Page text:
Russian official calls Chabad ‘satanists,’ prompting unusual rebuke by a chief rabbi

(JTA) — In an usual move, a chief rabbi of Russia has accused a senior defense official of antisemitic hate speech in connection with the war in Ukraine, and a spokesperson for the rabbi warned of the onset of “a new era in Russia’s relations with Jews.”

Berel Lazar, one of Russia’s two chief rabbis, on Wednesday leveled the antisemitism accusation at Aleksey Pavlov, the secretary of the Security Council of Russia, a government committee of experts. In a column in the Argumenty i Fakty weekly newspaper, Pavlov spoke of the need to perform “desatanization” in Ukraine, which Pavlov claimed had hundreds of neo-pagan cults. He included “the Chabad-Lubavitch sect,” as Pavlov called it, on a list of various religious groups that he claimed prove his point.

Rabbi Boruch Gorin, the senior-most spokesperson for Lazar, on Wednesday wrote on Facebook that Pavlov’s words went farther than Stalinist propaganda in the 1930s and that he feared that the remark “will go down in history as beginning of a new era in Russia’s relations with Jews.”

Lazar’s office responded to the column with an open letter to unspecified “authorities” in Russia, calling Pavlov’s column “a piece of vulgar antisemitism.” In it, Lazar, whose group has been walking a political tightrope since Russia’s February invasion into Ukraine, said that Russian Jews “demand an immediate, unambiguous response by society and state authorities“ to Pavlov’s statements, which Lazar also termed “dangerous.”

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In both Russia and Ukraine, where Chabad rabbis have established the movement as the predominant Jewish entity locally, many non-Jews use the words “Chabad” and “Hasids” interchangeably with “Jews.”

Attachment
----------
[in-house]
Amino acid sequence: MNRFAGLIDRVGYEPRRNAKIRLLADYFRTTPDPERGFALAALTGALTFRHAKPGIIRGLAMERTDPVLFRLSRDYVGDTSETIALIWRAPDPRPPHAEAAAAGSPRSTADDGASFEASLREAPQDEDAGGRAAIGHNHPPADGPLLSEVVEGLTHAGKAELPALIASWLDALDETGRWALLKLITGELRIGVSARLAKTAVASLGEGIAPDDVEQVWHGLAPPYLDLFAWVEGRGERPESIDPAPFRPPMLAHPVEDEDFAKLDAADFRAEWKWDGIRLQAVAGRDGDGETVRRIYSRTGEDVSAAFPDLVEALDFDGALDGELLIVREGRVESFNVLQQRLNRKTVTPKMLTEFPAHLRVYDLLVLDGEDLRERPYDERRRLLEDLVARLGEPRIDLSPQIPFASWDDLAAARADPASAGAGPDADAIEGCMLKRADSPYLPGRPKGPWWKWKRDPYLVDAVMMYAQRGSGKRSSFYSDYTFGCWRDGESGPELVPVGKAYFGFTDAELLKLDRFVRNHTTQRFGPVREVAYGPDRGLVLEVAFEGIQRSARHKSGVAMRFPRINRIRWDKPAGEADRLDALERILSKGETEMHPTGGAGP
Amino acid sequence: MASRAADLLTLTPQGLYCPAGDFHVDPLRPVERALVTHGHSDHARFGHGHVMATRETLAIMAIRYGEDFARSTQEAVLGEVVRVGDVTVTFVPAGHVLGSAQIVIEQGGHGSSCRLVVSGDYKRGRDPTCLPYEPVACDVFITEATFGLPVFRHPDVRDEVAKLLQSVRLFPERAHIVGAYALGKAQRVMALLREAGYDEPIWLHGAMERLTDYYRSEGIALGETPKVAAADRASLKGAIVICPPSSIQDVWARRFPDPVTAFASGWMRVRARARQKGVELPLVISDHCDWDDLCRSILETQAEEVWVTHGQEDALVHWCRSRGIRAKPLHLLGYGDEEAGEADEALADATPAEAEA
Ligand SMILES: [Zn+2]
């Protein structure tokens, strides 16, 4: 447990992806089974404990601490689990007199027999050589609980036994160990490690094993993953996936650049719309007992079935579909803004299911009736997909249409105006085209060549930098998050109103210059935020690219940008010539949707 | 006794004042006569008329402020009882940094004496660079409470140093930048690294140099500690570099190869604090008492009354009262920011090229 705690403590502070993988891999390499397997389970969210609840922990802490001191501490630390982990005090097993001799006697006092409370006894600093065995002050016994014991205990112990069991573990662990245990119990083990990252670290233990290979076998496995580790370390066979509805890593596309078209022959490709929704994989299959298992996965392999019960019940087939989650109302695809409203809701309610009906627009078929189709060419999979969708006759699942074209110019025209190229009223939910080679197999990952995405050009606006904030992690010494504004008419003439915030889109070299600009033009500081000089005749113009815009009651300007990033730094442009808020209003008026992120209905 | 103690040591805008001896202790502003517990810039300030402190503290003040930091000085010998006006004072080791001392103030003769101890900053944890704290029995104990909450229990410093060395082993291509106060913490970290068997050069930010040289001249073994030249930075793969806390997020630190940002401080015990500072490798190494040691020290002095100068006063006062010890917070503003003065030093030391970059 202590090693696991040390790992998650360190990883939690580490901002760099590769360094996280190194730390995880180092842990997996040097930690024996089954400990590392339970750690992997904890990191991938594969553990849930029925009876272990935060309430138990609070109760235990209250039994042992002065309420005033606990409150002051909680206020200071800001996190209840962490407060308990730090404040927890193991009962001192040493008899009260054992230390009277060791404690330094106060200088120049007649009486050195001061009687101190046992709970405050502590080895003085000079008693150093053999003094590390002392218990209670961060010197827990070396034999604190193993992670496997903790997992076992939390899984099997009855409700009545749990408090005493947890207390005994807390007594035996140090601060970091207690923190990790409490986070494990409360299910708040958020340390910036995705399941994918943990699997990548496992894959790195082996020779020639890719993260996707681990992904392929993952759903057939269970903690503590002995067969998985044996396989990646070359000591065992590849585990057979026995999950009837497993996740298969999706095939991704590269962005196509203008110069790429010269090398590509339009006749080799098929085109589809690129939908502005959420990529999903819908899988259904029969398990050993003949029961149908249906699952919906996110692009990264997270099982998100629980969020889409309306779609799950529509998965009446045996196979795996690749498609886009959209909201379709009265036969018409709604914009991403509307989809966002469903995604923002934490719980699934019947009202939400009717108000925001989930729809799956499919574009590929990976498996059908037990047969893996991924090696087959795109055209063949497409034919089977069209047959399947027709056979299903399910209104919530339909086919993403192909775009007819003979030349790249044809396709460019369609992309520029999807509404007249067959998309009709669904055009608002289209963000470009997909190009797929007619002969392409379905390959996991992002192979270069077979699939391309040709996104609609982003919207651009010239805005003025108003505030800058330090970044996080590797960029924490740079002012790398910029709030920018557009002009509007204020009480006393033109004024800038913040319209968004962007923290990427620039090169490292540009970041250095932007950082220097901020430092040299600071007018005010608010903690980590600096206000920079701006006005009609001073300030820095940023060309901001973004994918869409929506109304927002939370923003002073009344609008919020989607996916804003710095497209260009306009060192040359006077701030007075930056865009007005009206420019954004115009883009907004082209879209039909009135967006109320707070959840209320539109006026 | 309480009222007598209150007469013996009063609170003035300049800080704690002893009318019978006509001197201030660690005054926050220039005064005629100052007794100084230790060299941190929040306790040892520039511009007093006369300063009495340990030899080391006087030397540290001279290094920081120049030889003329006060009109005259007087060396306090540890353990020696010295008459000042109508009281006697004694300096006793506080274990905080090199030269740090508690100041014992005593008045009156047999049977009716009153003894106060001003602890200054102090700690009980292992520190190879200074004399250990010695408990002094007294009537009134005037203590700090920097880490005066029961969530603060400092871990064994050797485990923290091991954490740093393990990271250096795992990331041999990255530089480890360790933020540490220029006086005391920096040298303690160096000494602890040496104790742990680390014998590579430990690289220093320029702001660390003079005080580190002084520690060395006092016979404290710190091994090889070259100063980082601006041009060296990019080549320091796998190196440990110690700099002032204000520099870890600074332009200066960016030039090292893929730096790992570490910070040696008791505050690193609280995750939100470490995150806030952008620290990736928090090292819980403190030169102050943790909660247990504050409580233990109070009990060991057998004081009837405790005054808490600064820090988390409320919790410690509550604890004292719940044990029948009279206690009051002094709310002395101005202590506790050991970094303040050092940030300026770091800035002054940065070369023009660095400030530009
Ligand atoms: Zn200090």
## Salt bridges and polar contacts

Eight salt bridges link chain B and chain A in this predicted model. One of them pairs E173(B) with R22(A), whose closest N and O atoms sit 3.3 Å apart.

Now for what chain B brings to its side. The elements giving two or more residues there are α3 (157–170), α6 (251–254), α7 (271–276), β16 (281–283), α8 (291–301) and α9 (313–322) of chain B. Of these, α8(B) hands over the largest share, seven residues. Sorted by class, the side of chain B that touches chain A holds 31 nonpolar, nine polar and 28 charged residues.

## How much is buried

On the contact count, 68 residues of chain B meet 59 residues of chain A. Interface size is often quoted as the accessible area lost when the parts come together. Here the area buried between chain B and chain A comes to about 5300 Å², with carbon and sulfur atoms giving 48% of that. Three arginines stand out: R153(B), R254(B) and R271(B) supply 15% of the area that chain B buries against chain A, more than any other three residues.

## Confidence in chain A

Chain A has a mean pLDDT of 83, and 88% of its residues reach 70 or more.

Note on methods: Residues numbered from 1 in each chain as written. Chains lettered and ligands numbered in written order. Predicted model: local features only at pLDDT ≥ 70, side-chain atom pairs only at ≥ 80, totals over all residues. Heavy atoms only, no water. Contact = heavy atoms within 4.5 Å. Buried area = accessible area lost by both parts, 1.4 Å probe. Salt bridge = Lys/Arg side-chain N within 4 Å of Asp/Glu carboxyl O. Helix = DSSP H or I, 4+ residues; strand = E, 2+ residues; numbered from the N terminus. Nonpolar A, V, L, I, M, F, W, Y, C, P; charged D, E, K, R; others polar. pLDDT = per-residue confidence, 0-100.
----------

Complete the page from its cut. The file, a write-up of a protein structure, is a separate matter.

Lazar’s Federation of Jewish Communities of Russia has enjoyed good relations with the office of Russian President Vladimir Putin. Yet Lazar’s office and Gorin specifically have called out in the past what they regarded as antisemitism or discrimination of Jews by state and justice officials. Yet such protests rarely included indignant demands for action and have so far not occurred in the context of the war with Ukraine, which has prompted a crackdown in Russia on critics and perceived critics of that campaign.

“Of the rabbis active in Russia’s Jewish communities, 90% are Chabad, as am I,” Lazar wrote. Chabad is the antithesis of paganism, he added. “One might call Mr. Pavlov’s logic nonsensical, vulgar antisemitism but in fact, it is a new edition of the same old, blood-soaked libels and they are tremendously dangerous when they are said by a member of the Security Council of Russia,” Lazar wrote.

Lazar’s letter follows reports that expressions of antisemitism have increased in state-controlled media in Russia, where they had become taboo since Putin’s rise to power more than 20 years ago.

An article that appeared last month in Moskovskij Komsomolets, a highbrow Russian daily, called several well-known Jewish figures “foreign agents.” In addition, an op-ed on the site of a prestigious think tank included antisemitic language about Bernard-Henri Levy, a French-Jewish journalist who has written critically about Russia’s invasion.

Lazar and Chabad of Russia have protested vocally against several administrative moves in recent years, including the banning of a book about a Jew who kept his faith while resisting pressures to convert to Christianity and the expulsion of several foreign Chabad rabbis from Russia on various charges, including unspecified claims that they posed a danger to national security.

But the war has changed the social climate profoundly in Russia, where critical media have been shut down amid a crackdown on what remained of free speech in the country. As nationalist circles make a point of calling out so-called traitors, Lazar’s Federations of Jewish Communities has expressed its displeasure of the war, which Gorin publicly said must stop. This approach has distinguished Lazar’s group from other state-recognized Christian and Muslims groups, which have come out in favor of the war.

The departure of more than 20,000 Jews from Russia this year — a tripling of last year’s numbers and about 16% of the 2020 estimated total number of the Jewish population in Russia — has not escaped Russian media and nationalist circles. Most of it happened before the introduction last month of draft orders for 300,000 men to serve in Russia’s stalled assault on Ukraine, in which thousands of Russian troops have been killed.

Against this background, Gorin joined others warning of a return of outspoken antisemitism to public discourse in Russia, where oppression of Jews and, at times violence against them, had been policy for many decades.


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